Speech to the Mathematical Association
|Document type:||public statement|
|Source:||Thatcher Archive: DES press release|
|Editorial comments:||Embargoed until 1100 14 April 1971. Exact location unclear.|
|Themes:||Education, Science and technology, Pay|
MRS THATCHER CALLS FOR MORE MATHEMATICS GRADUATES TO ENTER TEACHING
A call for more mathematics graduates to go into teaching was made by the Education Secretary, Mrs Margaret Thatcher, when she addressed the centenary conference of the Mathematical Association in London today (14 April). Mrs Thatcher said:
"As the scope of mathematics has widened so has the demand for the services of mathematicians. This must be a source of gratification to mathematicians but it carries with it a drawback which causes me great concern, as it does I am sure to you. With the great and growing demand for mathematicians in commerce, industry and research the schools do not find it easy to recruit enough well-qualified mathematics teachers. Many people have pointed out how serious the situation is. There are at the moment about 5,700 graduate teachers for whom mathematics is the first or only subject of their degree. If one counts those who took, for example, physics with mathematics the total is about 8,000. It sounds, and is, a large number, but a recent survey suggested that the schools could make good use of another 2,000 mathematics graduates, and as the secondary school population grows the demand will no doubt increase. The worrying fact is that the total has, at least up to 1969, been more or less stationary.
"There are some gleams of hope. One contributory reason why the total number of mathematics graduates teachers has not increased has been that the schools were depending heavily on older mathematicians, and that losses by retirement from these ranks were for a time disproportionately large. There are still many of the older generation of mathematicians doing valuable work in the schools but the age-grouping suggests that losses from this source will be less in the next few years than recently. A second gleam of hope is that the number of mathematics graduates taking a one-year course in education in 1968, 1969 and 1970 was well above the level for 1967 and earlier years. This suggests that later returns of mathematics graduates in the schools may show a small upturn.[fo 1]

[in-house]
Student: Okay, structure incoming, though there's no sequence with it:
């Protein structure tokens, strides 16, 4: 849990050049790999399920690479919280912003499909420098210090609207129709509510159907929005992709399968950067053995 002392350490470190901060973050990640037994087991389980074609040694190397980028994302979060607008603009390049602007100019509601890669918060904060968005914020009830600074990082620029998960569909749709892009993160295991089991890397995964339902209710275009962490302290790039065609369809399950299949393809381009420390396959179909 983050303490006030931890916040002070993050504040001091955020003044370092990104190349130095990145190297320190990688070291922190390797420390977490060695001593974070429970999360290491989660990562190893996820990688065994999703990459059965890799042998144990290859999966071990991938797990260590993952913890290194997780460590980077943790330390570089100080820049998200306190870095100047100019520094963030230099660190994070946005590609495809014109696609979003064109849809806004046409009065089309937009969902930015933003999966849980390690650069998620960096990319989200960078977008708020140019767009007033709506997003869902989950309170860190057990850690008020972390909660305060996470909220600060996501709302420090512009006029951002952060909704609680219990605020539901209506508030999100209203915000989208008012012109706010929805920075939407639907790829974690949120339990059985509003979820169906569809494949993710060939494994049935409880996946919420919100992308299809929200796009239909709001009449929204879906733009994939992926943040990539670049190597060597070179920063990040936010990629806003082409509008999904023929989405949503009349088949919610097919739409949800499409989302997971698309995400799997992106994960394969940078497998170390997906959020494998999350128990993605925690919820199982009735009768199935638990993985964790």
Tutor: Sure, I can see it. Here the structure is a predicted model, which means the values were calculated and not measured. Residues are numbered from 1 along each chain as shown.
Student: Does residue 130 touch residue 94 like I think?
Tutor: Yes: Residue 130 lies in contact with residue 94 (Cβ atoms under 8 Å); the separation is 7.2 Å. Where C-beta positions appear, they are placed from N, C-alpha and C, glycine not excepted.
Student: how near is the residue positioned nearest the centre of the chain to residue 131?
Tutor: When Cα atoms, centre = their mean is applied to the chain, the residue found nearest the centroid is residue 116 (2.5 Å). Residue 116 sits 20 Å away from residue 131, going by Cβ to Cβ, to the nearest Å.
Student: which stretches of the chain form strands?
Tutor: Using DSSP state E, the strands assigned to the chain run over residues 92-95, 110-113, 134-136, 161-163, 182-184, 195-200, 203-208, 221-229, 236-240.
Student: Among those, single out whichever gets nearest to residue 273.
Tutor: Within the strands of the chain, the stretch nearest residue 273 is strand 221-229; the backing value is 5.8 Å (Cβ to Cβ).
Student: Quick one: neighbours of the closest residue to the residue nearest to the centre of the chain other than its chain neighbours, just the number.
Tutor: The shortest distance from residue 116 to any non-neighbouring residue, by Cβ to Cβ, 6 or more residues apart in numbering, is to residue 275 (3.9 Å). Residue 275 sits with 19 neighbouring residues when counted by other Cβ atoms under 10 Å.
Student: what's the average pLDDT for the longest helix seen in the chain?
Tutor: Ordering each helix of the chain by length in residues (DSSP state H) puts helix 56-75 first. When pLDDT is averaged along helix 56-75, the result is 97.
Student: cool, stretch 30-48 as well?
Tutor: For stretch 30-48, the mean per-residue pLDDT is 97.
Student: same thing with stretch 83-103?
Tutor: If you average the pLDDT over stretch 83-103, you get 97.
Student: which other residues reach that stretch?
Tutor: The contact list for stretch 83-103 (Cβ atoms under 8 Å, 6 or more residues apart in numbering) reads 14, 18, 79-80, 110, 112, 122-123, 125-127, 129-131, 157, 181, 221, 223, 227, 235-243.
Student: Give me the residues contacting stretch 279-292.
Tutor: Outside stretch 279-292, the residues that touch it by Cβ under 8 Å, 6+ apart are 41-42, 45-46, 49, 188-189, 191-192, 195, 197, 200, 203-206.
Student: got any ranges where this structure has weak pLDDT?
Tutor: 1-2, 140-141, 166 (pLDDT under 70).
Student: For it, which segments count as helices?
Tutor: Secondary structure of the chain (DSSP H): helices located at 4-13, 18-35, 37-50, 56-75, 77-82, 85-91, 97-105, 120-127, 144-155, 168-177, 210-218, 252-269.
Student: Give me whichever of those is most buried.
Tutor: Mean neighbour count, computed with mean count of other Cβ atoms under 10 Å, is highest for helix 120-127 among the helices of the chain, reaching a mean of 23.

"One other heartening feature of the situation is that the number of sixth form pupils taking mathematics continues to increase. In 1965 there were 26,000 boys and 6,000 girls in the first year sixth taking A-level courses which included mathematics. In 1970 there were 32,000 and 10,000, and this represents not only a numerical increase but also an increased percentage of the total. This is an important fact to note; as far as sixth form studies are concerned the "swing from science" which was apparent a few years ago looks as if it may have been halted.
"I shall continue to do anything that lies in my power to encourage more mathematics graduates to go into teaching and I hope that the present Burnham negotiations may have some bearing on what happens in the future. As many of you will know the Management Panel have proposed a new structure for teachers' pay which will leave authorities freer to give high posts and high salaries to good class teachers without any obligation to link the higher posts with the shouldering of administrative responsibilities."